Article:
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6/21/2001
05:30 PM
Fred Langa
Fred Langa
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Langa Letter: The Web-Bug Boondoggle

Don't be suckered in by the latest security hysteria. "Web bugs" aren't the threat you fear they are.

Overall Privacy Is The Issue; Web Bugs Are Not
I said the fear fantasy "mostly evaporates" when you look closely at it. But it is true that a Web company that gets the right personal information from you, either directly or via collusion with another company, could learn a lot about you, if it wanted to invest the time and money.

So, isn't this a major new security problem? To analyze the risk, let's first establish a context by looking at non-Web, paper-based transactions.

If you order something via a paper catalog, the catalog company will know your name, address, and payment method. They'll know what you bought, and from that they can infer something about your other interests or needs. If the company wants to go to the expense and bother, it can determine your income, either by running a credit check or by using census data to see what the average income is for your zip code. It can (via a credit check) also see your banks and credit cards, your payment history, and what other companies you deal with. It can learn about your mortgage and car loans, and from that, how much you paid for your house and cars. It can get additional info from the Department of Motor Vehicles--or from any other public source of information. And, of course, the paper-catalog company can sell your name to other companies, who can perform the same kind of research. Again: if a paper-catalog company is willing to spend the time and money, it can find out a lot about you.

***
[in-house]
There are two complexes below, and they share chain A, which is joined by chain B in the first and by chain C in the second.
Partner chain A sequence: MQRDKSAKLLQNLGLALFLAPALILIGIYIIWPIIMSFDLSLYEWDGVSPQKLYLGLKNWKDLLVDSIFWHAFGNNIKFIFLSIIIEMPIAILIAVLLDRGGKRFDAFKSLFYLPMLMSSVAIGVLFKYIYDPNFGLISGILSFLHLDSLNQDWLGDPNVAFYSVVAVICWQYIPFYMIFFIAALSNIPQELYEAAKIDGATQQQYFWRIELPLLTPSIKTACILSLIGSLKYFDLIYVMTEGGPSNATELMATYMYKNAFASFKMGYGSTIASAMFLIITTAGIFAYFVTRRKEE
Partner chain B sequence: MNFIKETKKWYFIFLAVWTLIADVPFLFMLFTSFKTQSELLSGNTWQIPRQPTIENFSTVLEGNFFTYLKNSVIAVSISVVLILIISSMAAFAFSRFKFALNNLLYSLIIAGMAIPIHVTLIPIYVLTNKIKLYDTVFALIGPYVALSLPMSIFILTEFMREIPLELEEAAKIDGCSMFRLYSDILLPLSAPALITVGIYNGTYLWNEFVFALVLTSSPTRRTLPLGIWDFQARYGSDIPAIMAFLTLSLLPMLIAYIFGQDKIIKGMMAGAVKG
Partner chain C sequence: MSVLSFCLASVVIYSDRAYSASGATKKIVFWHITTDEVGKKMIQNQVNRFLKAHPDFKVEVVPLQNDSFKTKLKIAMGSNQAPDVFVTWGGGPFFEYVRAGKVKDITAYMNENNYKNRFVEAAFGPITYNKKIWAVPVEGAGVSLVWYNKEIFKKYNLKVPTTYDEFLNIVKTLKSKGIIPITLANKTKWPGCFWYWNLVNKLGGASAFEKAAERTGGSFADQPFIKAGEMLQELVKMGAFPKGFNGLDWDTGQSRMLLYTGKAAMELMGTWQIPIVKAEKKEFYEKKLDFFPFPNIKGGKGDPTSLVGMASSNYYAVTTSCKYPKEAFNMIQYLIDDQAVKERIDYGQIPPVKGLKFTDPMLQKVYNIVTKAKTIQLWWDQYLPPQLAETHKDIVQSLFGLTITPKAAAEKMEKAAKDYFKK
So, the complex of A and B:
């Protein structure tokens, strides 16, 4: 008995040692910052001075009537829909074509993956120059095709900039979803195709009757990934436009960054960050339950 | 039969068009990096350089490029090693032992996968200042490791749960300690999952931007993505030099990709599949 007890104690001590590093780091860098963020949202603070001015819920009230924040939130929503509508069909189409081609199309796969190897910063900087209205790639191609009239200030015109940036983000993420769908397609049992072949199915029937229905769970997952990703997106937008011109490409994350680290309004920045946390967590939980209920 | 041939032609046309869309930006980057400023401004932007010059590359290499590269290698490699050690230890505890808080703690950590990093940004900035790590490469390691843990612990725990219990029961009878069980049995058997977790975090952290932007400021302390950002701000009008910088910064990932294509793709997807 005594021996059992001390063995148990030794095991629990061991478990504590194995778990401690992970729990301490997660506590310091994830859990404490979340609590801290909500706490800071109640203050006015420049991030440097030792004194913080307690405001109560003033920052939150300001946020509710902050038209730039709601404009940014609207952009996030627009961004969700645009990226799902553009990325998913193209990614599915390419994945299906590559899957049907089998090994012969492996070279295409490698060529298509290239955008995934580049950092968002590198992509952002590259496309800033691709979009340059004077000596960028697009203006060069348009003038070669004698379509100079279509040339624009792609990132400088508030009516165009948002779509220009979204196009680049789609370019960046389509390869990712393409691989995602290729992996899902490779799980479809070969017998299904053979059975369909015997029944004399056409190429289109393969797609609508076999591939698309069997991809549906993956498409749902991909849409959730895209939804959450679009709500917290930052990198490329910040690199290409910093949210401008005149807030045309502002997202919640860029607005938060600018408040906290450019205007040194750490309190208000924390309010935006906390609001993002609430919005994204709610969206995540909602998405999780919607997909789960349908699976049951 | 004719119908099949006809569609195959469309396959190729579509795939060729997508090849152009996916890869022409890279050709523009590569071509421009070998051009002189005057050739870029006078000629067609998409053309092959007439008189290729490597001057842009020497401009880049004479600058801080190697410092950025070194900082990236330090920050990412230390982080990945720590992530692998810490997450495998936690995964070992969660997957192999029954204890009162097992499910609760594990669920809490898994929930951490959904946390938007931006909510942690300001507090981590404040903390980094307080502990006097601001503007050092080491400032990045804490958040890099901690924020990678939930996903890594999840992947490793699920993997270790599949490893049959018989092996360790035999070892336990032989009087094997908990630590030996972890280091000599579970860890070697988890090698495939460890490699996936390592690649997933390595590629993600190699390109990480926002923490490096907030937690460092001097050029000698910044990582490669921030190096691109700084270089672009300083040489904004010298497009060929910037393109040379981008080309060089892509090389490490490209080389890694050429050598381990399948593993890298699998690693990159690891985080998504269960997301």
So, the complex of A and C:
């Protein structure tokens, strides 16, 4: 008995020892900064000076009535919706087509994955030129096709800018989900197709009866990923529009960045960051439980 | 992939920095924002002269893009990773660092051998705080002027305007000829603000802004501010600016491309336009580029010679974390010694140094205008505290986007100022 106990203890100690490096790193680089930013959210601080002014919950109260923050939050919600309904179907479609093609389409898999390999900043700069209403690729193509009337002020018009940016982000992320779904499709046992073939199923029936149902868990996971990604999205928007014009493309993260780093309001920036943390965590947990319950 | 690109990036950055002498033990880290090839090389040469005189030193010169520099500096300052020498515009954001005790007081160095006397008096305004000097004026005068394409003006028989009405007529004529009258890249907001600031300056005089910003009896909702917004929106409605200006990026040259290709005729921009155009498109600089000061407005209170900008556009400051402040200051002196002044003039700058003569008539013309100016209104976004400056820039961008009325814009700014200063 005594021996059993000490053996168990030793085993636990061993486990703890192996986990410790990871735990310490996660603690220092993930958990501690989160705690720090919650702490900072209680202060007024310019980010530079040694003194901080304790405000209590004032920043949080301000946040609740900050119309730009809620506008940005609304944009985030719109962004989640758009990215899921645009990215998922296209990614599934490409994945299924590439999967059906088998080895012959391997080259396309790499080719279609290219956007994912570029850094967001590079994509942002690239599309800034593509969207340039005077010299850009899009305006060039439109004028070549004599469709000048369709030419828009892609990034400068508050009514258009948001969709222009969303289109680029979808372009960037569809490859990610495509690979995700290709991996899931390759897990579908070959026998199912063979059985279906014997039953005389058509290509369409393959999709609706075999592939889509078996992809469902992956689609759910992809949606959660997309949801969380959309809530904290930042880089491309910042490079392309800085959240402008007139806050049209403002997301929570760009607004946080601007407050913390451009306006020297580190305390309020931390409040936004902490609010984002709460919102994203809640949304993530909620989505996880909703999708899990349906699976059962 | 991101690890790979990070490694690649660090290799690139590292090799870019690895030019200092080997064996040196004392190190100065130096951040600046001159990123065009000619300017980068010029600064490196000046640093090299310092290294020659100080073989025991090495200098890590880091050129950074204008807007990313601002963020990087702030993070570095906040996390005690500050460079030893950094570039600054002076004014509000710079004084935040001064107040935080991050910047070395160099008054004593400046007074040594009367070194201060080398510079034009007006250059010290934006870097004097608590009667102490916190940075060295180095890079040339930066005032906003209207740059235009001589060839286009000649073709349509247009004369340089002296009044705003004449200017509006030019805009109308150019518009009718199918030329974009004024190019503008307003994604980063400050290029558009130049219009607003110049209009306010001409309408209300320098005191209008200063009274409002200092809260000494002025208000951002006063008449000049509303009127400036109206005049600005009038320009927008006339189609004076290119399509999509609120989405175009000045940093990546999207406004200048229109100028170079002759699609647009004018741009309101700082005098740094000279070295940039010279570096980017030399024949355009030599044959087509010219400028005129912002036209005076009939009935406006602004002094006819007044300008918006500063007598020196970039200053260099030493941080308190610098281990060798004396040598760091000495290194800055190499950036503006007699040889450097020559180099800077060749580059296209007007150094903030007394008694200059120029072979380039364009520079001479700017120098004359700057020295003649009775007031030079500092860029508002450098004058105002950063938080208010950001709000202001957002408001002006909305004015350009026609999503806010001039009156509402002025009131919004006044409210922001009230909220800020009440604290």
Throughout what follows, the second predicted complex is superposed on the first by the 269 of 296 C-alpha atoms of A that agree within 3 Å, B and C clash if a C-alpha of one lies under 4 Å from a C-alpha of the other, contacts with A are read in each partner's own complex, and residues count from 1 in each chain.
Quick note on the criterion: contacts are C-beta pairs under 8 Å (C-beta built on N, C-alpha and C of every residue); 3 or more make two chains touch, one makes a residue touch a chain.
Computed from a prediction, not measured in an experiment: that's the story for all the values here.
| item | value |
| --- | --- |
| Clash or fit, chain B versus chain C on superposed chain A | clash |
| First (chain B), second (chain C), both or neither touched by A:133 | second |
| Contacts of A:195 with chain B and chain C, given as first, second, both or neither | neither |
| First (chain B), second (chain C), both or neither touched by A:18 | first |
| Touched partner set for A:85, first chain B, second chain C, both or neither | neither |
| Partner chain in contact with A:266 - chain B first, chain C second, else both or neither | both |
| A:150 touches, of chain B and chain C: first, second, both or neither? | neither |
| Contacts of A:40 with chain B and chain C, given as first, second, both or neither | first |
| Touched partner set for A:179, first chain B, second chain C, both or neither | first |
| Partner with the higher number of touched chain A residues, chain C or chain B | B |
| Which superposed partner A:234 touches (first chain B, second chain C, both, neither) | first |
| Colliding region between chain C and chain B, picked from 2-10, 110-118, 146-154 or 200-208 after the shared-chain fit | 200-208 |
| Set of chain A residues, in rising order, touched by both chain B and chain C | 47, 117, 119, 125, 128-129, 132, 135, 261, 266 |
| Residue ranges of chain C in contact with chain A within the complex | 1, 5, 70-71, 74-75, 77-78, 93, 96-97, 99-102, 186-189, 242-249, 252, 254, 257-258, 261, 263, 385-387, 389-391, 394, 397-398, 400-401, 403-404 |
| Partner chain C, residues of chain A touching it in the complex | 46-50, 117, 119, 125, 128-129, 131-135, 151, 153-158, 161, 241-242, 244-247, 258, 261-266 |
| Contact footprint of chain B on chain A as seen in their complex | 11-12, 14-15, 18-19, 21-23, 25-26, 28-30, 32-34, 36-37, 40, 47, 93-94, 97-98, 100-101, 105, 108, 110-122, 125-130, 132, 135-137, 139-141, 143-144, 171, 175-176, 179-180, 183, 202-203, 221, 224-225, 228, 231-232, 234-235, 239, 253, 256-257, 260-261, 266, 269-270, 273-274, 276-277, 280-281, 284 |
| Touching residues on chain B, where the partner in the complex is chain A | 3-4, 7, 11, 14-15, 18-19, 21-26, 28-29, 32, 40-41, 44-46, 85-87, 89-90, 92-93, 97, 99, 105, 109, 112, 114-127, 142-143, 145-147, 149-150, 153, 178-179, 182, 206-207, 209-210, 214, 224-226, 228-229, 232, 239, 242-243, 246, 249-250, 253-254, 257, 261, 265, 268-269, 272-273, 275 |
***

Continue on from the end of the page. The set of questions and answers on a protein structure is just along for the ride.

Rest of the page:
Now let's look at Web bugs. What's the very worst that can happen if you get involved with E-companies that gather and share your personal data? The very worst case is that you'll be no more exposed than you already are in your paper-based dealings.

Web bugs afford no additional risk beyond what has existed for many years in the paper-based world--and to me, that's where the problem really lies. The true solution to privacy invasion is in limiting the amount of personal information that any company--not just Web-based companies--can access and share.

Long-time readers know I take online security and privacy very, very seriously. But I don't regard Web bugs as a very serious matter at all. To sum it all up:

First, there's nothing inherently special about Web bugs, because exactly the same information can be obtained from any graphic or link.

Second, any kind of "tracking" or information sharing is fairly difficult to pull off, and requires your voluntary input of information. If you're careful with the information you give out, most of the Web-bug risk vanishes.

Third, even in the worst-case scenarios, your Web-bug privacy risk is about the same as what it already is with (for example) paper-catalog companies. Again, Web bugs pose no additional privacy risk.

Bottom line: Even if you use Bugnosis (or a similar tool) and you eliminate every Web bug you run into, you gain essentially nothing in terms of meaningful privacy. That's why I don't use Bugnosis or similar software; that's why I surf with cookies fully enabled. But I do check the privacy policies of all sites where I enter personal data, and I never enter more data that really is needed to complete the transaction. I'm similarly careful about the paper-based companies I deal with.

So, I rank Web bugs (and cookies) near the bottom of the pile of "things to worry about." You can use bug trackers and cookie trackers if you want to, but doing so is almost always a waste of effort.

What's your take? Does Fred have his head in the sand about Web bugs and cookies, or do you agree that the security risks are mostly overblown? Are Web bugs a central issue in online privacy, or--as Fred suggests--just a minor sideshow? Does your company's E-commerce site use Web bugs? If you use bug filters and "cookie crushers," have you encountered problems with them? Join in the discussion!

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